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6 Ways to Educate Rural Communities About the COVID-19 Vaccines

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In the five months since launching our historic COVID-19 Vaccine Education Initiative in partnership with the COVID Collaborative, we have made significant progress. Initially, about 30% of Americans said they would get vaccinated as soon as one was available to them, and about 20% said they would not agree to be vaccinated under any circumstances, leaving about 50% that were hesitant. This 50% is where we have focused our efforts, alongside more than 300 cross-sector partners.

As of June, the percentage of vaccine-hesitant Americans is now under 20%. But with the Delta variant causing surging infections, hospitalizations, and deaths in rural communities (communities that have a concurrently low rate of vaccination), there is increased urgency to reach those populations with the facts about the vaccines.

As the insights lead for the Ad Council’s initiative, my role is to use our research to inform recommendations about how to effectively reach our intended audiences. Based on our extensive and ongoing research, here are the six best ways to maximize impact when educating rural Americans about the COVID-19 vaccines.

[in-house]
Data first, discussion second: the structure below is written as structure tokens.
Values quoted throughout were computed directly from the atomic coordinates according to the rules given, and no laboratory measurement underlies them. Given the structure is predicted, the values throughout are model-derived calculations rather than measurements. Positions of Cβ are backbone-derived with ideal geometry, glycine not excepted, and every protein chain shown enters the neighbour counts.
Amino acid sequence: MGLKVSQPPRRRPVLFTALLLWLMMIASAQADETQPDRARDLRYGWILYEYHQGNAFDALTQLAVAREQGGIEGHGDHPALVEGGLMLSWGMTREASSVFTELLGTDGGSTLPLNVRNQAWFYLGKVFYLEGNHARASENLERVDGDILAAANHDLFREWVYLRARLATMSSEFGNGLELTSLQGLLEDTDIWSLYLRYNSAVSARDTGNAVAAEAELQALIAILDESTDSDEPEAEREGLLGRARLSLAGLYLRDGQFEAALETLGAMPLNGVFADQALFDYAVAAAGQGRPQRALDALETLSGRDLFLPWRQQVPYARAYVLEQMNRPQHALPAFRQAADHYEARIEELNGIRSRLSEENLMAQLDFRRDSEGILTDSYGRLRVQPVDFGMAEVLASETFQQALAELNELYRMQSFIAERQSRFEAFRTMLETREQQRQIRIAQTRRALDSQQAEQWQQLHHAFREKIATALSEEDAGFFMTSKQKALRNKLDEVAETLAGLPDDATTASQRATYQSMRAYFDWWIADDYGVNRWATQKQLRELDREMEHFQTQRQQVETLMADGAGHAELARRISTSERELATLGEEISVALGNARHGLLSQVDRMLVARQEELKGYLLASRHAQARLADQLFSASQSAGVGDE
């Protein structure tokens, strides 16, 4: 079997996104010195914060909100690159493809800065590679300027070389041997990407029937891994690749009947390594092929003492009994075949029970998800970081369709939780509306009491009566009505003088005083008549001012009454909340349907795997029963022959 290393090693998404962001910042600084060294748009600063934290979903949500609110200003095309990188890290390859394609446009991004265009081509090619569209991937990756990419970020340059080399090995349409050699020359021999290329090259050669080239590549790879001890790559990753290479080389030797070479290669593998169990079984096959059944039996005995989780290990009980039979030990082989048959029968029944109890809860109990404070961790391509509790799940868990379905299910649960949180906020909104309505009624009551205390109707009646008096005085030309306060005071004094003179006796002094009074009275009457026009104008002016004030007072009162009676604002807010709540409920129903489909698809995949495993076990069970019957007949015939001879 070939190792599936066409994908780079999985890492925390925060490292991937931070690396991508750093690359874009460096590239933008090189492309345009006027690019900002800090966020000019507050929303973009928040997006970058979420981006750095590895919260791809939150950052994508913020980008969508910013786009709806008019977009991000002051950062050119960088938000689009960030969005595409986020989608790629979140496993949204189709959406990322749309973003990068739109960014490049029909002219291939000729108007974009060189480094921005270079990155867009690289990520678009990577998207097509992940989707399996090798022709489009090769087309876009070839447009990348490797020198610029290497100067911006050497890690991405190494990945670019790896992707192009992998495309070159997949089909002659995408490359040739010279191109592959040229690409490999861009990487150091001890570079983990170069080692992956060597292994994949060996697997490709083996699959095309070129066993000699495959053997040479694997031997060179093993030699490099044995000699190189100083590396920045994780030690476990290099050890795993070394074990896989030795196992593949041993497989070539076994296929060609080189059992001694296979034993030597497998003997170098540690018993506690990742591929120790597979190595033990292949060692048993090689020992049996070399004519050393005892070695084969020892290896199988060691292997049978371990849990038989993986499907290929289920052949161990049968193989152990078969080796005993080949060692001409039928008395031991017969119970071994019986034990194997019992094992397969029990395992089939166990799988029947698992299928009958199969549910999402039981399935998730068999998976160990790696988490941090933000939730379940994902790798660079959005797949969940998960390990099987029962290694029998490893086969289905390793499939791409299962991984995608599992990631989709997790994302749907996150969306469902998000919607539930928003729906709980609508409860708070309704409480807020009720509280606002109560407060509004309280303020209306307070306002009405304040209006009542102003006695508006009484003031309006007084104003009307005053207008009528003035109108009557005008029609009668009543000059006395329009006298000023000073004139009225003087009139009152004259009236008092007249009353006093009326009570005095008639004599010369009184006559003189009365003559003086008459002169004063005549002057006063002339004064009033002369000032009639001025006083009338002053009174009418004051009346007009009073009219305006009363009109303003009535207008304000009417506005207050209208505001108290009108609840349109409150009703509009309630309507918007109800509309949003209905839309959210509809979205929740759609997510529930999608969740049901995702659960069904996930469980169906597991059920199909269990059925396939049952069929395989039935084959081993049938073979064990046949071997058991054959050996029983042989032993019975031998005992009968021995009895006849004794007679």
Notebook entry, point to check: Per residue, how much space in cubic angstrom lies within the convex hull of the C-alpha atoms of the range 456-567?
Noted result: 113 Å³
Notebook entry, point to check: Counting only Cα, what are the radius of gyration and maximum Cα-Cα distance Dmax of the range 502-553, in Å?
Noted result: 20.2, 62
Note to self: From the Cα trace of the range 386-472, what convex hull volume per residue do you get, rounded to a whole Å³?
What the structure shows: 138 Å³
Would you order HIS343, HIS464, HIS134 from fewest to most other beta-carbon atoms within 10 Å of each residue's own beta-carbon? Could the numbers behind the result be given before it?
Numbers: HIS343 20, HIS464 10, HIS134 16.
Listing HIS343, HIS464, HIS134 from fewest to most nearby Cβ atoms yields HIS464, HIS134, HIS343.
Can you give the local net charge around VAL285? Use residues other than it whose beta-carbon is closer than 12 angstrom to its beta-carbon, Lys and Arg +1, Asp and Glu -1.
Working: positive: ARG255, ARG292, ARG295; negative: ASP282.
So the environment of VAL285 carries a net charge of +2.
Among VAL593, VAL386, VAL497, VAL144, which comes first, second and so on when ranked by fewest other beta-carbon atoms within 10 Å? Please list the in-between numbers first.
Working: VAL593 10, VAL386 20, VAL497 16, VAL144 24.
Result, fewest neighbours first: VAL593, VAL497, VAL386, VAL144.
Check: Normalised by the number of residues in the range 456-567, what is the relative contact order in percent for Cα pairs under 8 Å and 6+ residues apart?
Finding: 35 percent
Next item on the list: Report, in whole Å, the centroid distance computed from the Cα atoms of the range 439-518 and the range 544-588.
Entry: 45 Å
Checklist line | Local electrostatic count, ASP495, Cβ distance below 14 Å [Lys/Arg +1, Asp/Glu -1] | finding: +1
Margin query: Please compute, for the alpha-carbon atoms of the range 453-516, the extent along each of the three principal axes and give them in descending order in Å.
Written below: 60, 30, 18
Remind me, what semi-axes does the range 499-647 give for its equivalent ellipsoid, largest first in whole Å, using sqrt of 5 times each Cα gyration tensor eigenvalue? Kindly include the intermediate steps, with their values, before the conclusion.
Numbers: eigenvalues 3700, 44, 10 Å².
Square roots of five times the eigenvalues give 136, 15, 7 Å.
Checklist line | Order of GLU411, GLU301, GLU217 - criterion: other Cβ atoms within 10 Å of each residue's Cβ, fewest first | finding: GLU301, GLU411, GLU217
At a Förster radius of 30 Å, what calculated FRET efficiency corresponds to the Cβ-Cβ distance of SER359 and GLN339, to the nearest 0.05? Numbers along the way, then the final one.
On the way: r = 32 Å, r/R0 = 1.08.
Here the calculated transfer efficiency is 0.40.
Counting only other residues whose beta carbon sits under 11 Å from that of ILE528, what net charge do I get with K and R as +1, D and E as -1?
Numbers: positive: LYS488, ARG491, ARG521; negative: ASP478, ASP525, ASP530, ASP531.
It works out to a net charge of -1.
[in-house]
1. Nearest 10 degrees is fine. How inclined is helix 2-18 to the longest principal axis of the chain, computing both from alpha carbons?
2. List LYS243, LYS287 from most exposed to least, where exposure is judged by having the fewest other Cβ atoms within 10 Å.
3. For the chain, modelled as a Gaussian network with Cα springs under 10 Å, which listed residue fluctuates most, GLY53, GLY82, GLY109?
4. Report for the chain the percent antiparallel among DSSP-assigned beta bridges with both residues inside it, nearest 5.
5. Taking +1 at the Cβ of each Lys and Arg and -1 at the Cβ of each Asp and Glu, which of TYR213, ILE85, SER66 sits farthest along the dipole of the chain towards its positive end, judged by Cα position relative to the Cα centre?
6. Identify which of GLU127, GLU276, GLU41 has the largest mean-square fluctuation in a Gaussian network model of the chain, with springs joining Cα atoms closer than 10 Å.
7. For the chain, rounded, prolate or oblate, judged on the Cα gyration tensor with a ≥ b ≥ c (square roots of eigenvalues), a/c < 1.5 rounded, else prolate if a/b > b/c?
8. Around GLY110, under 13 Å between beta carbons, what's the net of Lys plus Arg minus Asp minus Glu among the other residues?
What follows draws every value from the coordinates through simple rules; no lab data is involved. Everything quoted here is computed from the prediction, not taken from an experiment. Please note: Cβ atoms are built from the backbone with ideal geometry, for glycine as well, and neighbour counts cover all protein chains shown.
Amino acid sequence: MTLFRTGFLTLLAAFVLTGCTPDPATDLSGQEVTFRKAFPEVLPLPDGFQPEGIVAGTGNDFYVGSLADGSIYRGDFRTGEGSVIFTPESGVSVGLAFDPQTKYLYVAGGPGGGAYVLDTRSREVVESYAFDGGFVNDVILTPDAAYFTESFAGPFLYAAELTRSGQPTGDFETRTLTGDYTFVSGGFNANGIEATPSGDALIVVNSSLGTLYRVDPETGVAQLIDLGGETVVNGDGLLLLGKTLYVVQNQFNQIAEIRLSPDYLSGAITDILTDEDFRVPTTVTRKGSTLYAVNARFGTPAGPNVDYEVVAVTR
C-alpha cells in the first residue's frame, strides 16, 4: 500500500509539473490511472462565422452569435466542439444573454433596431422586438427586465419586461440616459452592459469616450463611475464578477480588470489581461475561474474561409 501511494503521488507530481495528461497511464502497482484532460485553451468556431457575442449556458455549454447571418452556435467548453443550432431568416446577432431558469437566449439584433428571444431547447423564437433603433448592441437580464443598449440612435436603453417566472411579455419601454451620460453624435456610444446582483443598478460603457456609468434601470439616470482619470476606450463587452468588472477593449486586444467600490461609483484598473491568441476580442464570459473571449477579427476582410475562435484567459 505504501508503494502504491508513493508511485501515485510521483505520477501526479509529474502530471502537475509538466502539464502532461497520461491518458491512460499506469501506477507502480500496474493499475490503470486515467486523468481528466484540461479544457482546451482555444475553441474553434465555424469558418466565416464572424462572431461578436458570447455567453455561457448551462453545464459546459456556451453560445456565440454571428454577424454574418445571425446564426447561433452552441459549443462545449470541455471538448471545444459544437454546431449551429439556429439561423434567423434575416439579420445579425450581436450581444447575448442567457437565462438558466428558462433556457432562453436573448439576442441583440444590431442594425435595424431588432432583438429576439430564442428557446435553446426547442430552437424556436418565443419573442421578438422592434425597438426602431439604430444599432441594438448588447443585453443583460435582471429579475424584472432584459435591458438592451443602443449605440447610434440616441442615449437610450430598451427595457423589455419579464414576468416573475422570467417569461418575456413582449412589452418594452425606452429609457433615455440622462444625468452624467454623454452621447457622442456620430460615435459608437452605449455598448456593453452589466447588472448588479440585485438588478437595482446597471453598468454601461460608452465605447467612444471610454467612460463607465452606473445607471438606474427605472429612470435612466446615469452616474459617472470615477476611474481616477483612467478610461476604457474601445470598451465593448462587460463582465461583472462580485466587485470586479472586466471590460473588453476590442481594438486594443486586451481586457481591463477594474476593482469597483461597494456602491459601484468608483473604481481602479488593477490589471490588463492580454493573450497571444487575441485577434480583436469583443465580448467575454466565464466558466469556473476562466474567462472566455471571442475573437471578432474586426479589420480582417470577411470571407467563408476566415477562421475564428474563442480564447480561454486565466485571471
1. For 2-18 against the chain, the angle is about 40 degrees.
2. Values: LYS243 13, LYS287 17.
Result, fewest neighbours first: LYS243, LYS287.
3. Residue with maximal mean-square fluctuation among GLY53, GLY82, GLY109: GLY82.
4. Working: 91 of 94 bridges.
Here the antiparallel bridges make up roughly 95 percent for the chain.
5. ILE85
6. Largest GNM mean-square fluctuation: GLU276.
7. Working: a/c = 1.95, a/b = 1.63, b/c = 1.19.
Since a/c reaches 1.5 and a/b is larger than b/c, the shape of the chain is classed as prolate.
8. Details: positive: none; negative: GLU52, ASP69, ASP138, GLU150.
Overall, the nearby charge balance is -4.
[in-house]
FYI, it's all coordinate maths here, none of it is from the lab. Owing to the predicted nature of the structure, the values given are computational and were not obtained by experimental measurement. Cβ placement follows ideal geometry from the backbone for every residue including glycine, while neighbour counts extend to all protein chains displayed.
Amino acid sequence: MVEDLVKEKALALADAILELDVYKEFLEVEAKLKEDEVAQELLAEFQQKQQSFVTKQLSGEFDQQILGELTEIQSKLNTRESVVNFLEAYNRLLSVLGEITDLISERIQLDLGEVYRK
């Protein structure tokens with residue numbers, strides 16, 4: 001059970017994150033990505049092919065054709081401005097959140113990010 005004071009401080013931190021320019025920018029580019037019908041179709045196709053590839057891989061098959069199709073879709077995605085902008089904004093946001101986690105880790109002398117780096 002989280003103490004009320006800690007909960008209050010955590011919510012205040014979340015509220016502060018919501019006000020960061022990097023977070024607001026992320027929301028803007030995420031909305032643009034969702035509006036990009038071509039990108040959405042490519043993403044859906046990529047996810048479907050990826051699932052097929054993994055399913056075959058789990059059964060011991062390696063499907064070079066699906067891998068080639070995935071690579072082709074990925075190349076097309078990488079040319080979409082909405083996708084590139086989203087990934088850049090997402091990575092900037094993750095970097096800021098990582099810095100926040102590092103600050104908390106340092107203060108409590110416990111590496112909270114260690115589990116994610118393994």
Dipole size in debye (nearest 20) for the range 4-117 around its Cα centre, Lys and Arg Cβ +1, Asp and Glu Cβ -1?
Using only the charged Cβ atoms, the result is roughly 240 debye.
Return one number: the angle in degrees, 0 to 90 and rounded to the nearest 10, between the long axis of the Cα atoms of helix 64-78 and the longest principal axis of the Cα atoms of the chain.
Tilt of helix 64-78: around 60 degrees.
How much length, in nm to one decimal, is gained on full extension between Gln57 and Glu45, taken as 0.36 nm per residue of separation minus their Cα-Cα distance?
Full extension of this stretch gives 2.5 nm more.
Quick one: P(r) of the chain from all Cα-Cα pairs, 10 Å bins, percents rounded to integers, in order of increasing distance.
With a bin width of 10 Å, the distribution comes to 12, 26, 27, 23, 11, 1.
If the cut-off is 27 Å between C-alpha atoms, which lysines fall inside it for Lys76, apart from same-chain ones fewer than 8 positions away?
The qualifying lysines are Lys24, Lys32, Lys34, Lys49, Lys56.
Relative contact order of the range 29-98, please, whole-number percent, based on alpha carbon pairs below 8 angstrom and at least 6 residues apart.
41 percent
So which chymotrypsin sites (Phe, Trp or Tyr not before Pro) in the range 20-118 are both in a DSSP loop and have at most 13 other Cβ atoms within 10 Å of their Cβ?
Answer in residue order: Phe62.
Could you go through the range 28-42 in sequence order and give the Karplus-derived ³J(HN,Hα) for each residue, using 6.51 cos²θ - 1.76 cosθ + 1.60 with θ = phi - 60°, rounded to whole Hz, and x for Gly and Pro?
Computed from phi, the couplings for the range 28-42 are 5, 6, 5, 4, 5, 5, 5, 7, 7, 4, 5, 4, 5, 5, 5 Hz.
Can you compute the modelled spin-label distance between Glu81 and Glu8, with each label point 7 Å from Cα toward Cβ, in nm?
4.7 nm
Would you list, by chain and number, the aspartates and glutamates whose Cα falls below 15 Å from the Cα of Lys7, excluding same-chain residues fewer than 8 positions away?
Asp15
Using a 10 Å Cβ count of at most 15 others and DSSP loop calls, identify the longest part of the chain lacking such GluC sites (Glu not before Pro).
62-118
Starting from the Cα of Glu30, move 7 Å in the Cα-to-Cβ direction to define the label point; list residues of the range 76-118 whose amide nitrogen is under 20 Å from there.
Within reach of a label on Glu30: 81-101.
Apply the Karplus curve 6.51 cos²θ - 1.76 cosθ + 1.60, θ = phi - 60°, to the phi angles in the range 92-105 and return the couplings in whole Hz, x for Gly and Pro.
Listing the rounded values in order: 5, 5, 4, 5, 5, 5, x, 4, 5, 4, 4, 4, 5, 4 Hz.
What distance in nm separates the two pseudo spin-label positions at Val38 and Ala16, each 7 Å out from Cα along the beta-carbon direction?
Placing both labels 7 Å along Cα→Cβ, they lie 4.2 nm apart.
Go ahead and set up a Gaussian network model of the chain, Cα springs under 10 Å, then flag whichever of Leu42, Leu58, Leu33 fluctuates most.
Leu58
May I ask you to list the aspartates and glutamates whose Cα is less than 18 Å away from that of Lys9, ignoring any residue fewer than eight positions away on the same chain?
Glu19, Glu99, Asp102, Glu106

1. Focus on outreach to primary care physicians.

Empower them with fact-based information to discuss the vaccines with their patients and build opportunities to increase touchpoints through public forums.

2. Acknowledge questions and concerns related to safety and effectiveness.

This is the ticket to entry, and it’s the guiding principle of the Ad Council’s work: It’s natural to have questions about the vaccines, just as it’s natural to have questions about any health decision you make with your family and loved ones. Leading with empathy is critical.

3. Empower people to do their own research.

In doing so, provide access to resources and websites with factual information, like GetVaccineAnswers.org.

4. Leverage personal testimonies from relatable, everyday people.

Especially those who have experienced COVID-19 and can help frame the risk between getting sick and getting vaccinated.

5. Avoid tactics that could be perceived as trying to bribe people to get vaccinated.

Our research indicates that these tactics may backfire.

6. Lean into language that emphasizes vaccination is a personal choice.

Framing vaccination as a personal choice to be thoughtfully made after assessing the risks of COVID-19 empowers people to consider the facts, which is the first step toward making an informed choice to be vaccinated.